The future of client communications

Anastasia Petraki

Anastasia Petraki

Head of Policy Research

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Although the debate rages on about some of the details, new regulations mean that there has never been greater transparency on how fund information, such as costs and performance, is communicated to end investors.

However, even if these details can be resolved, a single-minded regulatory focus on the contents of paper-based documents is likely to fail consumers. In today’s increasingly online world, regulation needs to take a more innovative approach to client communication.

Digital delivery that engages consumers, not only at point of sale but throughout the holding period, is the way forward.

The new reality

The discussions the industry, regulators and consumers are having on the content of key information documents for investment products (the “PRIIPs” discussion for those in the know) make for an excellent case study.

They aim to come up with an appropriate estimation methodology for implicit transaction costs to include in the document. However, we are neglecting to consider the fact that, anecdotally, very few investors read the key information document in the first place. If they do, they don’t spend more than a couple of seconds on it.

We are also forgetting that anyone willing enough to attempt to read what is a three-page pdf document on their smartphone are likely to give up quite fast. They are likely to give up once they see how much they have to enlarge the text and scroll in all directions just to read it.

How is this important? It shows that for regulatory documents we are still thinking in terms of paper-based disclosure, which is out of sync with consumers’ increasing use of online interfaces to invest.

The 2017 edition of our Global Investor Study, that surveyed over 22,000 people from 30 countries around the world, found that the majority (about two thirds) of investors use technology for choosing and managing their investments. [1]  

The UK’s Office for National Statistics has shown a similar level of individuals in the UK use online banking on a regular basis (69% in 2018 compared to just 30% in 2007) [2]. Meanwhile, a rapidly increasing number are doing their online banking on their smartphone.[3]

Investor communication as well as investor protection need to adapt to this new reality.

Next steps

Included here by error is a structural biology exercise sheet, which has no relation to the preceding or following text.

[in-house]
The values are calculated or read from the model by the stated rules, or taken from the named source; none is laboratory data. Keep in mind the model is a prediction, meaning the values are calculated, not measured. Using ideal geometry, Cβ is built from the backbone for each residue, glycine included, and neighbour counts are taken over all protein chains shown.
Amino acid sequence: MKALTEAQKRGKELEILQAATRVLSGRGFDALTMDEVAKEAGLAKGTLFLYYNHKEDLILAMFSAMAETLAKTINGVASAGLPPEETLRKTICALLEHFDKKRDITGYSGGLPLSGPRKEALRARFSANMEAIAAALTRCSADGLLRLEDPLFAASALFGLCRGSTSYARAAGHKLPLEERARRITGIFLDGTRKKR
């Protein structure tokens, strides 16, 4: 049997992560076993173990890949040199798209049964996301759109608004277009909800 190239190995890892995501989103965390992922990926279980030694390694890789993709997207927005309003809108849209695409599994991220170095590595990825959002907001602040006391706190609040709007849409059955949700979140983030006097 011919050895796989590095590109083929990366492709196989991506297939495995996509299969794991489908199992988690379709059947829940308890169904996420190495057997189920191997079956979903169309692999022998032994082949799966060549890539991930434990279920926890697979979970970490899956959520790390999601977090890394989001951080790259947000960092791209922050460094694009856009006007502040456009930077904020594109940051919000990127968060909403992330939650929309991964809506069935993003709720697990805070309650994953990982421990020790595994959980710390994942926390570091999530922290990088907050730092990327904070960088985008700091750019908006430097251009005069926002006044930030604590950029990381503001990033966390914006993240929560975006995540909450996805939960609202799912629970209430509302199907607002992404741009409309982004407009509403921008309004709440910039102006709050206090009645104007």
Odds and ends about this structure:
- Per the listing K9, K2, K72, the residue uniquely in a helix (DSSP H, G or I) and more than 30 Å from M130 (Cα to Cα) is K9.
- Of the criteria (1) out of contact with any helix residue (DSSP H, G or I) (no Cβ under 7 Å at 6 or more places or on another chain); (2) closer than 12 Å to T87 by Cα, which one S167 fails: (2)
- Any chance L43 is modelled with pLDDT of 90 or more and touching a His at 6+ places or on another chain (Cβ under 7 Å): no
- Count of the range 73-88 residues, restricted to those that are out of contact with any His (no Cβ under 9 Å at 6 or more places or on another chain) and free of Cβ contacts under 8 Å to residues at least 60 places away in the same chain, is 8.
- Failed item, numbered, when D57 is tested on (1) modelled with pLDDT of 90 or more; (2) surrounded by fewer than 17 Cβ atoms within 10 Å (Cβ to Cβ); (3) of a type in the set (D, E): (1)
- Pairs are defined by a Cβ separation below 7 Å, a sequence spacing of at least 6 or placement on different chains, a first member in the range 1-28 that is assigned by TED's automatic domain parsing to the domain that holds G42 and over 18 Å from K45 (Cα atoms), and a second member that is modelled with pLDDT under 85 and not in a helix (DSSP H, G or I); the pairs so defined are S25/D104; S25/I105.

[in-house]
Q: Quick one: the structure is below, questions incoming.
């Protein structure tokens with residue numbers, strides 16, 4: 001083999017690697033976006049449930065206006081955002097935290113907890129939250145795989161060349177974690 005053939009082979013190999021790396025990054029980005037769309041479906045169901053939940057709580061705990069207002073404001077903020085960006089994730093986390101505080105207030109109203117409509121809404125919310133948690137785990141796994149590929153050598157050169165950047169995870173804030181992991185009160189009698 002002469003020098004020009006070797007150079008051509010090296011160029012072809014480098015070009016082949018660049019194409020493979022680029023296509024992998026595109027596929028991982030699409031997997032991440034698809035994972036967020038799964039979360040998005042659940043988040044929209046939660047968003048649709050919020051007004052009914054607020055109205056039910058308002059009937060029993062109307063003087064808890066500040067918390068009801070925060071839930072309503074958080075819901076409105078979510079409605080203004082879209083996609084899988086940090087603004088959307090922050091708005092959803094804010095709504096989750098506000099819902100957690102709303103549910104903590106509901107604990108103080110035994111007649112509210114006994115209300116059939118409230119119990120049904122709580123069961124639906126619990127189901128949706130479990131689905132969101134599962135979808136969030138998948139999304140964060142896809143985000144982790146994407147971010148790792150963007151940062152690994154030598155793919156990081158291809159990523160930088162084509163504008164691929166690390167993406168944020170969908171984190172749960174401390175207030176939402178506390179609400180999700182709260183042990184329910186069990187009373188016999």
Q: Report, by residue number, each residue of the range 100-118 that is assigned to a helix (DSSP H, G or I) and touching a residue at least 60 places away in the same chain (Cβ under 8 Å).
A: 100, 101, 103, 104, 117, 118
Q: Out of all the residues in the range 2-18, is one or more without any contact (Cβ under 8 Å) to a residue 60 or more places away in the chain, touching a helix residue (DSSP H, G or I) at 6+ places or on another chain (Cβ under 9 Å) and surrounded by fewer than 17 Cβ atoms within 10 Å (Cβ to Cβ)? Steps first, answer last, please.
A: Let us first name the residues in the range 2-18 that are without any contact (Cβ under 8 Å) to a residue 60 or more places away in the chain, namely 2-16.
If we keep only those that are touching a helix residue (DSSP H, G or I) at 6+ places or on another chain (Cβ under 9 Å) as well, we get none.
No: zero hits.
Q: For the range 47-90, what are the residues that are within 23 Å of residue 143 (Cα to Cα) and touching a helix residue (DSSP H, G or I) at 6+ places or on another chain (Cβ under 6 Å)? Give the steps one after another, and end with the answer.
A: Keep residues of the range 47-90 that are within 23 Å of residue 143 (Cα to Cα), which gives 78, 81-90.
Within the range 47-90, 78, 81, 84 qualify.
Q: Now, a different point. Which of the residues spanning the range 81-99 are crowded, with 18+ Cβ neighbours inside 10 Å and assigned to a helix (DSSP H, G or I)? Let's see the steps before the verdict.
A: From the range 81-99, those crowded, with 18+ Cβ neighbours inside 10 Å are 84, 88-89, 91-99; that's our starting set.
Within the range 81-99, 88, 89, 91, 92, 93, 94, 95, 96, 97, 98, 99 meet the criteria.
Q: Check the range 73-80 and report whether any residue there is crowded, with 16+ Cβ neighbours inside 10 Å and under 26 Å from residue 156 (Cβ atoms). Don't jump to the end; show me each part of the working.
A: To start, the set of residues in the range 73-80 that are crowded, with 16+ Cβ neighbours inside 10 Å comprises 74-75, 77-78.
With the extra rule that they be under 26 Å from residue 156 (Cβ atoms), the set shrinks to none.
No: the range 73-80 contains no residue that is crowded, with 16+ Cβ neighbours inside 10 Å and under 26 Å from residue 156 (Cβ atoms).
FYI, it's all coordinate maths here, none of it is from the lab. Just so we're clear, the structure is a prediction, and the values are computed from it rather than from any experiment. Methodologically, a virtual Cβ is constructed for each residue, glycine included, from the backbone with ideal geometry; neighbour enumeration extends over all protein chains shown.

The findings of a recent report by the International Organization of Securities Commissions (IOSCO)[4] underlined this. It particularly stressed the need for the design of regulated documents to consider how investment behaviour differs between an online interface and when interacting with a human or print materials.

It also highlighted that all the consumer research that fed into the design of regulated documents, such as the Key Information Document (KID), focussed on a paper-based format. That is now increasingly becoming out of date.

So what next? Looking at the KID, clever use of technology can take investors to the next level, where instead of being confronted with a rigid three-page document, they could use an interface that:

  • Allows personalisation to adjust for each person’s individual preferences for things like length of holding period and initial invested amount
  • Has customisable presentation allowing the choice of how key information is presented, e.g. in charts or tables
  • Presents content in layers so as to not intimidate with large blocks of text

Such functionality invites people to interact with the content that they see, thus increasing the chances that they will understand it and use it. To say nothing about its user-friendliness on different devices such as smartphones and tablets.

But most important of all, an interactive KID would go beyond the standard, one-off disclosure at point of sale to something that stays with clients for them to use as long as they are invested in a product.

Harnessing technology

Schroders has been working towards building a digital solution for our clients and all external stakeholders worldwide. This is being set up as an online library of all funds. Each fund has a unique page showing the main characteristics in a way that is compliant with regulation and can be easily modified to reflect any regulatory changes in the future.

Moreover, the page design is being developed in a way that will allow clients to personalise the information that they see and compare between different funds.

This is not exactly an ‘interactive’ KID but it is not a million miles from it either. Users of online fund platforms will be familiar with this type of functionality.

That is why policymakers need to take notice and make the most of what technology has to offer to ensure that regulated disclosure is communicated effectively instead of being dismissed as the “small print”. 

[1] Schroders, “Global Investor Study 2017 – Investor behaviour: from priorities to expectations”, November 2017

[2] Office for National Statistics (UK), “Online banking penetration in Great Britain from 2007 to 2018”, Statista (last visited July 18, 2019)

[3] Ipsos, “Penetration of online banking in Great Britain from February 2014 to May 2017, by device”, Statista (last visited July 18, 2019)

[4] IOSCO, “The application of behavioural insights to retail investor protection”, FR05/2019, April 2019

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